On Saturday July 17, the Rev and I walked to breakfast talking about various topics including western politics, religious beliefs, the Pentecostal movements, and so on. After breakfast, I accompanied Nigel while he shopped retail stores and made groceries at a local shop. As we walked the streets and stores, I held my recorder near his mouth to capture his voice from the frantic streets and noises common with shoppers. I even kept the reorder on as we jumped in and out of buses traveling to various destinations.

Perhaps our most important discussion involved the story about Pastor Lester Bradford’s Antigua October 2013 trip to unite the divided Established, Independent, and Evangelical churches in Antigua & Barbuda. This interview is fully taped for transcription. The Rev explained that the verbal agreement that the pastors made to unite at the request of Bishop Bradford was simply words without any meat or substance. On another topic the Rev explained that what divides the church has little to do with doctrine and more about individual personality differences and competition. When I explained my hypothesis about the future of charisma in the church, he agreed that ironically it is the division in the charismatic Christian church that keeps it, at least in part, charismatic. I will fully elaborate on this point on the book as well as offer other points on the fate of charisma in the charismatic church in the Caribbean.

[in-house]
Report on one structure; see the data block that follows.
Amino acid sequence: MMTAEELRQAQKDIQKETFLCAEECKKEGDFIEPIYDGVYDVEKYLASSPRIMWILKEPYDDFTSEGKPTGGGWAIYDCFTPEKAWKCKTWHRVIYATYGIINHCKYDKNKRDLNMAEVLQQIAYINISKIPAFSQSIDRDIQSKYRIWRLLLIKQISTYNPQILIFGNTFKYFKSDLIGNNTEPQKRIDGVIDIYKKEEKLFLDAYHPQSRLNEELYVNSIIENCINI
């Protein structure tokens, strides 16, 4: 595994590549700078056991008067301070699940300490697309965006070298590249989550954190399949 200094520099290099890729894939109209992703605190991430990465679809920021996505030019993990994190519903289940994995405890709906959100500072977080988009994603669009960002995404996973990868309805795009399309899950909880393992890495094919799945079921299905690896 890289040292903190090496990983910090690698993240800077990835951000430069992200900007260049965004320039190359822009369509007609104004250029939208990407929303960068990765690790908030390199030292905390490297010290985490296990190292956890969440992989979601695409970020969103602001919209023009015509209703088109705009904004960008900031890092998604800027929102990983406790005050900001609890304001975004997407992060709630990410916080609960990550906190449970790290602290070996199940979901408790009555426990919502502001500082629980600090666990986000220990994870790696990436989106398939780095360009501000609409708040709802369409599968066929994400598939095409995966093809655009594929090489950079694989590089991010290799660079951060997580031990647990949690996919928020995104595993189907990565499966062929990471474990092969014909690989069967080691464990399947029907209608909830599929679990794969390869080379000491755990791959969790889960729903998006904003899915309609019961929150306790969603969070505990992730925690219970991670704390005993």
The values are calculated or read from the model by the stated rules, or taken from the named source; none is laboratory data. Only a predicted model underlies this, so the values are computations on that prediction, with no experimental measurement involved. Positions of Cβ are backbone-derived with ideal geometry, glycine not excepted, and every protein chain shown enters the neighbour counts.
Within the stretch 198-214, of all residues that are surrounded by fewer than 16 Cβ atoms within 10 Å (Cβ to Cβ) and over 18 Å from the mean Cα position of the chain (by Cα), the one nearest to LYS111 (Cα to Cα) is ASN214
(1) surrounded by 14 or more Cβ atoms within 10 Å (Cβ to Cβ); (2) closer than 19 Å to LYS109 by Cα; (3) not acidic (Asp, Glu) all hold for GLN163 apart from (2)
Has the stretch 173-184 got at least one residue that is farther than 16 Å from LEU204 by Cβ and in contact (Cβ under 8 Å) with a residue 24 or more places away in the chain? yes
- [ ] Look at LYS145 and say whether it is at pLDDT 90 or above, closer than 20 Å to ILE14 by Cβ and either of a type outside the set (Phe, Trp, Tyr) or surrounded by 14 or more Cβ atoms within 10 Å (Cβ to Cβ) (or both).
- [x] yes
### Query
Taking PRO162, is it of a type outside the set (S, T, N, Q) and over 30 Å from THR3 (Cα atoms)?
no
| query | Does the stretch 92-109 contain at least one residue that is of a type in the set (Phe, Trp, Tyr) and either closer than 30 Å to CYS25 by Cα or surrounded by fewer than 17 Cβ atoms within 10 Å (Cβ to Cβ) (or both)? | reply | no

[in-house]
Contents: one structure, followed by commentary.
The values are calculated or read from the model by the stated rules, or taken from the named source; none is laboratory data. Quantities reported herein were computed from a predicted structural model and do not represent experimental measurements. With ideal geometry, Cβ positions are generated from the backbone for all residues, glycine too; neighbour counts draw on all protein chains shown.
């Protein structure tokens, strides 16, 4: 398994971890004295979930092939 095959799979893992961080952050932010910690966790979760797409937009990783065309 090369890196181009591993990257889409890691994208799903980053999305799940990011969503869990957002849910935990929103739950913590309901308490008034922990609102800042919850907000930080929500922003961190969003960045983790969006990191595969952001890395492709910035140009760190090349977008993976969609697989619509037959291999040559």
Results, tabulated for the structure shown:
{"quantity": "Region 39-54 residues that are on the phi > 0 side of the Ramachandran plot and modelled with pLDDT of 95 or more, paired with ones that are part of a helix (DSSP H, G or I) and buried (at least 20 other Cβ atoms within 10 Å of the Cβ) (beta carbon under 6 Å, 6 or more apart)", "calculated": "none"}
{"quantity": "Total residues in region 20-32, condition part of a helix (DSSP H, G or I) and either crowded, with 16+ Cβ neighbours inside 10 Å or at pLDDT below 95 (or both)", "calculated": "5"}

The Rev and I agreed to meet in Barbuda on August 30th for a visit. Nigel says to just arrive in Barbuda and everything will be taken care of. Unsurprisingly, the man kept his word.

Before leaving St. Martin, I made a point to travel to sunset beach to have a few beers and to take pictures and some video of planes passing right over my head. (You can see them on my flickr and youtube channels.) The bar at sunset beach even offers free drinks to shirtless (and braless) women and posts the times of each arriving flight to Juliana Airport so patrons can prepare for each passing plane. Other patrons hang on to fences for dear life as jet engines with gale-force winds blast across the beach sending beach dwellers and their belongings into the Caribbean.

The joy of St. Martin seemed a world away from the surreal magic of the Dominican Republic and shocking intensity of Haiti where my next posting begins.